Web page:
A basic philosophy that I hold dear is that every person should have the right to do essentially anything that he or she wants to do, as long as it doesn’t cause harm, except possibly to him or herself. Causing harm in this case includes physical, mental, emotional, or spiritual damage to people or animals, as well as damaging the environment, including the land, air, water, and plants.
Obviously, any kind of sweeping statement like that is going to be fraught with challenges. For example, at what point does caring for someone with a chronic condition turn into harmful, prolonged torture? I doubt there is an answer that could satisfy everyone, and any law attempting to dictate such standards must allow for exceptions that will come up occasionally.
It is said that from the moment they are born, people have the right to live. Benjamin Franklin stated that “in this world nothing can be said to be certain, except death and taxes” (Letter to Jean-Baptiste Leroy. November 13, 1789. Wikiquote/Benjamin_Franklin). Hopefully, there is much that happens to a person in between birth and death: primary and secondary education, romance, love, procreation, fulfilling work, charitable contributions, and the formation of a personal value system. Just as nobody’s path through life is the same, nobody’s personal value system can develop identically. Every person feels a little differently about what is ethical and what is not.
It is possible to poll the consensus of the collective population and find the majority opinion on a range of topics. In a democratic society, the election process puts that possibility into practice. It is important to remember, however, that the views of a person holding a minority opinion are every bit as valid as the opinion of the majority. Something that seems outrageous to many, might be the clearly ethical choice given an individual’s unique personal value system.
Take the case of a vibrant, 44-years young educated linguistics professor, who ends up in a bicycle accident resulting in full-body paralysis and the loss of speech. She has to stay on a ventilator to breathe. While she may not be able to express verbally her utter despair in words to her loving husband, he can see the pain in her soul. The doctors have informed the husband that his wife will never regain her speech, leave her hospital bed, or be removed from the ventilator, but she is otherwise in remarkably healthy condition and should “live” for many years to come.
Is that really living? When every passion you love in life is denied to you, can that really be considered living? When a machine keeps your body in a state of artificially maintained life, is that life?
I would argue that the professor’s life ended in the accident. Indeed, if it weren’t for the marvels of modern medicine, the woman would have stopped breathing and died shortly afterwards. Naturally, we want to help a person who is hurt and save his or her life if possible. Sometimes we fail, and the person dies anyway. Other times, we succeed, and the person makes a full or partial recovery, and can become an inspiration to others. Christopher “Superman” Reeves was an excellent example of that. Our hypothetical linguistics professor is among the worst possible outcomes. She is a person for whom we managed to save the body, but we lost the soul.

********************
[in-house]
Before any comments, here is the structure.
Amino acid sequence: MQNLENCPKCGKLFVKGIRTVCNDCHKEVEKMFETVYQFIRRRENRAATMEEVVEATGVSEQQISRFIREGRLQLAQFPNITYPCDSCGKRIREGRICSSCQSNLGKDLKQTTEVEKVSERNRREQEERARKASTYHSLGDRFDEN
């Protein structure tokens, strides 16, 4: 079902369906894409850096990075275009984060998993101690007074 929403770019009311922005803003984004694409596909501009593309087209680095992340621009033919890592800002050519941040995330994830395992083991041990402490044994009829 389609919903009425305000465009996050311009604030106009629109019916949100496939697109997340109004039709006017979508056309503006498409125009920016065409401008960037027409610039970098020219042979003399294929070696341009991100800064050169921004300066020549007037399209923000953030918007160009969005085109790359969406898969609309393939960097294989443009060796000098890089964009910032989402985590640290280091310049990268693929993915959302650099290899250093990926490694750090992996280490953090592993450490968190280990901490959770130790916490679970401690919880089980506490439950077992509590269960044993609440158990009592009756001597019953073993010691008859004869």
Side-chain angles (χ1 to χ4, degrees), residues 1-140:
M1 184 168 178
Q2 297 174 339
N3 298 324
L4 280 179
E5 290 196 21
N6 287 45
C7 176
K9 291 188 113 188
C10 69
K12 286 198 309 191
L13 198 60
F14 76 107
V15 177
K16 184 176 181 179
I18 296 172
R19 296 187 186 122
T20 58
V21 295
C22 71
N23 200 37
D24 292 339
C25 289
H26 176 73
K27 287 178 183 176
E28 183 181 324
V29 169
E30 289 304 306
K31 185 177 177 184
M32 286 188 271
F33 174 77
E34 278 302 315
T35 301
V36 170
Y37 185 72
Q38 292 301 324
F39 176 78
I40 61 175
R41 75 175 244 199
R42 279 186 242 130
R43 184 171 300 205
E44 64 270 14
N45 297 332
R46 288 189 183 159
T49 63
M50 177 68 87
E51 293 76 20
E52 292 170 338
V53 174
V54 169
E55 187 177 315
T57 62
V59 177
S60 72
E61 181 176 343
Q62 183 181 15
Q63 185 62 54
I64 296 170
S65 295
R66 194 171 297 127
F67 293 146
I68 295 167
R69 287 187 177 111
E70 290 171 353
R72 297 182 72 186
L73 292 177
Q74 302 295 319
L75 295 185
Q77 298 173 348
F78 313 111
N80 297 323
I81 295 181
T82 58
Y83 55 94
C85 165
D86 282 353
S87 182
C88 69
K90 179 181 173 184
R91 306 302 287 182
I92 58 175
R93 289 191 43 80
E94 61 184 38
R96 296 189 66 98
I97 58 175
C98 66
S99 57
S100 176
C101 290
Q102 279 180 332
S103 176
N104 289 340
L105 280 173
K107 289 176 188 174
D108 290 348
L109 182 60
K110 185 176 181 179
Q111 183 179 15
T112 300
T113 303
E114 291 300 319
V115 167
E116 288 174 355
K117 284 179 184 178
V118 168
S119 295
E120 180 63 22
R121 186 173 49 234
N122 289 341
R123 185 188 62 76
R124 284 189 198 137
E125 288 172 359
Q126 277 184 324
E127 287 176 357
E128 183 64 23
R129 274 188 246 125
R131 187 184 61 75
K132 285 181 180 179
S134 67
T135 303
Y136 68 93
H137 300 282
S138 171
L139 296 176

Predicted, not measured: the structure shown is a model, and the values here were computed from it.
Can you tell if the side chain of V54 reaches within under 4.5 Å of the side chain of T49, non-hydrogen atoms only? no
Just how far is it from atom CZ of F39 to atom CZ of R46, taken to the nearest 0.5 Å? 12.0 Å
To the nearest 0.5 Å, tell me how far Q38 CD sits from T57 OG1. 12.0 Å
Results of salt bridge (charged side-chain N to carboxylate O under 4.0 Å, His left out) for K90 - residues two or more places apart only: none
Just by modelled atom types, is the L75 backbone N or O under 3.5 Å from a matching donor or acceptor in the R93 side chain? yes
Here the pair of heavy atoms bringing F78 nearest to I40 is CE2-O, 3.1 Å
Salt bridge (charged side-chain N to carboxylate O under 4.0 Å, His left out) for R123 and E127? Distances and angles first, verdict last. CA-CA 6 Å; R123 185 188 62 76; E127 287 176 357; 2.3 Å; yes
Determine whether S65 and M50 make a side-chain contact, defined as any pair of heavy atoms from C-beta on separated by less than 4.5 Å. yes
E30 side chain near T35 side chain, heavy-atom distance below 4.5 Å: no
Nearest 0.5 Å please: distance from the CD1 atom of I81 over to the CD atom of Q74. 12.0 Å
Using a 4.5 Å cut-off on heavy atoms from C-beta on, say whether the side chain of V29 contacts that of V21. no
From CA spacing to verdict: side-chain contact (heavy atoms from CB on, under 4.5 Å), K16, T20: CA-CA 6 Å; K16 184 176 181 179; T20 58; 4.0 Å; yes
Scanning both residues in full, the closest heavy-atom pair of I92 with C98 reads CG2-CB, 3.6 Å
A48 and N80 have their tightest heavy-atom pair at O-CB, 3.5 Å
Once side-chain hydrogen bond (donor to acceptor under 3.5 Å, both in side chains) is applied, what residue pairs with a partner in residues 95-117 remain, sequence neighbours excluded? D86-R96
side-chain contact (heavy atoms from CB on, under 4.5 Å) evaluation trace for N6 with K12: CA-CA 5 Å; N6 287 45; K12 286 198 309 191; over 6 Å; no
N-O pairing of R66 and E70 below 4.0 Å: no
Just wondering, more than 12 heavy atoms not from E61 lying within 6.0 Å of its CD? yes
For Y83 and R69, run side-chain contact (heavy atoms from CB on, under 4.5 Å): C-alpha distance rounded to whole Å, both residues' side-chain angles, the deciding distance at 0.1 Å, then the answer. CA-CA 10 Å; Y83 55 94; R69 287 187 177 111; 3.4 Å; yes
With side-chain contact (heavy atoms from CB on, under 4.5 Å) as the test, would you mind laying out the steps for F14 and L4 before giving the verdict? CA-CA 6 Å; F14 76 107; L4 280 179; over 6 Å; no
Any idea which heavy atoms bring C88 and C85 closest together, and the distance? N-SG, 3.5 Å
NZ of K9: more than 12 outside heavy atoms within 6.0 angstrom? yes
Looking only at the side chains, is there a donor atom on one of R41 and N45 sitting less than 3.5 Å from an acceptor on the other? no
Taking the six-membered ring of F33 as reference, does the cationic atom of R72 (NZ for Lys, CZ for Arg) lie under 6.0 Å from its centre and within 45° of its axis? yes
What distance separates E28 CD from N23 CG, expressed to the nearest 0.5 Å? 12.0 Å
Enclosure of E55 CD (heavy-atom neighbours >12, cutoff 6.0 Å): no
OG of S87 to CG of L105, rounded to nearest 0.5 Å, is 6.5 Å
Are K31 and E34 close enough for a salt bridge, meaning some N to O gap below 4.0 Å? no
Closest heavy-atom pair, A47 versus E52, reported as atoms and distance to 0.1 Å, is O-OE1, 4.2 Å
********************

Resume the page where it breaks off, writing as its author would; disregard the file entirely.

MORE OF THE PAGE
Eloise, a tender soul of 72 years has been wracked with pain from recurring bouts of leukemia for the past ten years. Her children and grandchildren have active, happy lives of their own. She feels that she is becoming a burden on her children, and she knows that any chance of recovery will require more chemotherapy, radiation, and other terrible treatments her doctors can throw at her. She is tired of it. All of it. She has considered suicide several times, but cannot face the thought of leaving her children with all that pain. She wishes that she could just take a cruise, and as they return to port, the ship’s doctor could give her a little pill that would carry her to heaven. Her children would be happy knowing that she had enjoyed the last of her days in the tropical sun and that she had passed away peacefully and never had to face another round of chemo again.
Of course, if that were to happen, the ship’s doctor probably would be charged with malpractice or even murder. If the professor’s husband asked the doctor’s to turn off his wife’s respirator, he would be harangued as an unloving partner to end the life of a woman with many years of life left. That assumes that they would even consider his wishes in the matter.
Death is the most final decision a person can make. Short of possibly reincarnation, there is no changing your mind after that decision is made. However, living out a lifetime in pain, as a “vegetable”, or in utter despair is not really living. It can be torture. Torture can and should be prevented because it denies a person their dignity and value. It is inhumane to keep a person living in suffering.